Time for the Fantasy Fiction League? The comedian David Baddiel joins his former Cambridge tutor Lisa Jardine on the judging panel for this year's Booker. Also gathered under the chair of Professor Jardine are the novelists Salley Vickers (see above) and Russell Celyn Jones, and Erica Wagner of The Times. Booker plc's owner, Iceland (now renamed "The Big Food Group"), is withdrawing from the prize sponsorship, but at a glacier's pace. Some little bookish birds suggest that ample replacement sponsorship from a blue-chip institution is already more or less agreed, but that Iceland is holding up the public transfer – perhaps because it realises how daft it was to let the Booker go.
* A few years back, Martin Amis sold himself to the highest bidder among publishers. But his brief defection to HarperCollins turned out to be a way of getting his regular house, Jonathan Cape, to cough up the sort of money suited to his new status as literary superstar. Amis's conduct has an echo this spring with Graham Swift. Though he hasn't changed agents (remaining with the fleet-footed, silver-tongued Caradoc King of A P Watt), the Booker-winner for Last Orders is, it seems, asking for more money than Picador – where he is edited by the deep and dedicated Peter Straus – is prepared to spend. Unlike Amis, he has also put his backlist on the market, and would thus deprive Picador of one of its stars. Select editors are assessing Swift's latest manuscript before making their sealed bids.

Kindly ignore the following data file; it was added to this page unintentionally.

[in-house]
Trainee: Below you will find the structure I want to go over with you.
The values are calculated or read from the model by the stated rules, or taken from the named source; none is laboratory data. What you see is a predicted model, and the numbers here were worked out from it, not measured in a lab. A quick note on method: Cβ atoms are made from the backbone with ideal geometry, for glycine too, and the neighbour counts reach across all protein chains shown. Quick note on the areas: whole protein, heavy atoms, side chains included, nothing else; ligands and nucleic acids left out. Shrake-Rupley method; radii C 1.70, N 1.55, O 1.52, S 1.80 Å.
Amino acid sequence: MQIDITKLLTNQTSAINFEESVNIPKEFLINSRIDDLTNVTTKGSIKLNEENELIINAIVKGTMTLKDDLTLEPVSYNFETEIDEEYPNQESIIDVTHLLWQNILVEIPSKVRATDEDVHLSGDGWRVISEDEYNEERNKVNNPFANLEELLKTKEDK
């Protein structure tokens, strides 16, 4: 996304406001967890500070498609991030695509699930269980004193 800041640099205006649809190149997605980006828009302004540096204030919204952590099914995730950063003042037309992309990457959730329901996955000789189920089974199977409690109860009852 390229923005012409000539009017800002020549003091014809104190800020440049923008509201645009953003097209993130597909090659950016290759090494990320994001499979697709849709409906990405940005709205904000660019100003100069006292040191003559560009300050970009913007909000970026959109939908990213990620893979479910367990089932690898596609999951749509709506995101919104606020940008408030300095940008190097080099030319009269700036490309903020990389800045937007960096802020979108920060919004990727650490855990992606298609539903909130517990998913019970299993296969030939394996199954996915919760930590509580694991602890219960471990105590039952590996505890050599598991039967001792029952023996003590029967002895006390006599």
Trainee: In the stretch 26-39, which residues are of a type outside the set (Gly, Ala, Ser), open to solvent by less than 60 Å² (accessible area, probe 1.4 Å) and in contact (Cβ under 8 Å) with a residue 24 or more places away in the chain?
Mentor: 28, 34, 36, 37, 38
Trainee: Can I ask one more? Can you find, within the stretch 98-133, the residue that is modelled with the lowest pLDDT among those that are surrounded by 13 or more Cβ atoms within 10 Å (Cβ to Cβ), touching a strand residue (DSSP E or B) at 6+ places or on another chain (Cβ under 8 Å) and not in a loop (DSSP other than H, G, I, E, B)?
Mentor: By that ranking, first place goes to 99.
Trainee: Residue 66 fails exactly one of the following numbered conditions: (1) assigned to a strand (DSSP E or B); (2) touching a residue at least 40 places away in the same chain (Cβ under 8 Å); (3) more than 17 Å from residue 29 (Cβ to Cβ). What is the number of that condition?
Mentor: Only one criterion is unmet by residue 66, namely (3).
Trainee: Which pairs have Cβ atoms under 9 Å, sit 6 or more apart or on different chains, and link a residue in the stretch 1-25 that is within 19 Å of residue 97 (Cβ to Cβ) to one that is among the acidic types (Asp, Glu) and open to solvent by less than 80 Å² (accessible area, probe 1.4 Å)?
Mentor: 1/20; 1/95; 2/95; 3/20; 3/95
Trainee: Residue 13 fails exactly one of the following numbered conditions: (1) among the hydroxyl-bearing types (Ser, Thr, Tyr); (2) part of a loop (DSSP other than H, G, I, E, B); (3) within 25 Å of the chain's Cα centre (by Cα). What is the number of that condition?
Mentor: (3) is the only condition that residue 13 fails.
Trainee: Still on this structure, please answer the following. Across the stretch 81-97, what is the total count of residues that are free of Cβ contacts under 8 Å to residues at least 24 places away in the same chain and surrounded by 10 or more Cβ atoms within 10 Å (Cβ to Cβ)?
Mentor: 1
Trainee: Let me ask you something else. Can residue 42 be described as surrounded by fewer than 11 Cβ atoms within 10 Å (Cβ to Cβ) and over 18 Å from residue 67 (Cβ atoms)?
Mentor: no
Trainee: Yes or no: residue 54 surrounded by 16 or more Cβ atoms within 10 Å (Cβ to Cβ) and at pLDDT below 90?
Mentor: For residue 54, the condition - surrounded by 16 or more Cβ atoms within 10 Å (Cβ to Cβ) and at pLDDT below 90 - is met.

* Flushed with her latest literary success – her new novel, Star Quality, has apparently sold 28,000 copies – Joan Collins has embarked on a new magnum opus. This time it's a beauty-and-exercise book, Joan's Way, for which the mild-mannered Jeremy Robson of Robson Books has paid more money than he's ever paid for anything. Sister Jackie will doubtless be dipping her pen in acid for a congratulatory missive.
* MacMillan will shortly publish The Salmon of Doubt, the novel Douglas Adams left unfinished at his death. Now comes news of an authorised biography by former publisher Nick Webb, the man who put Adams into print when, having enjoyed The Hitch-hiker's Guide to the Galaxy on radio, he bought it for Pan. The two remained friends and, to the last, met for lunch. They shared a passion for science and a clothes size – Webb still dresses in bespoke jackets and suits cast off by Adams after a diet.Reuse content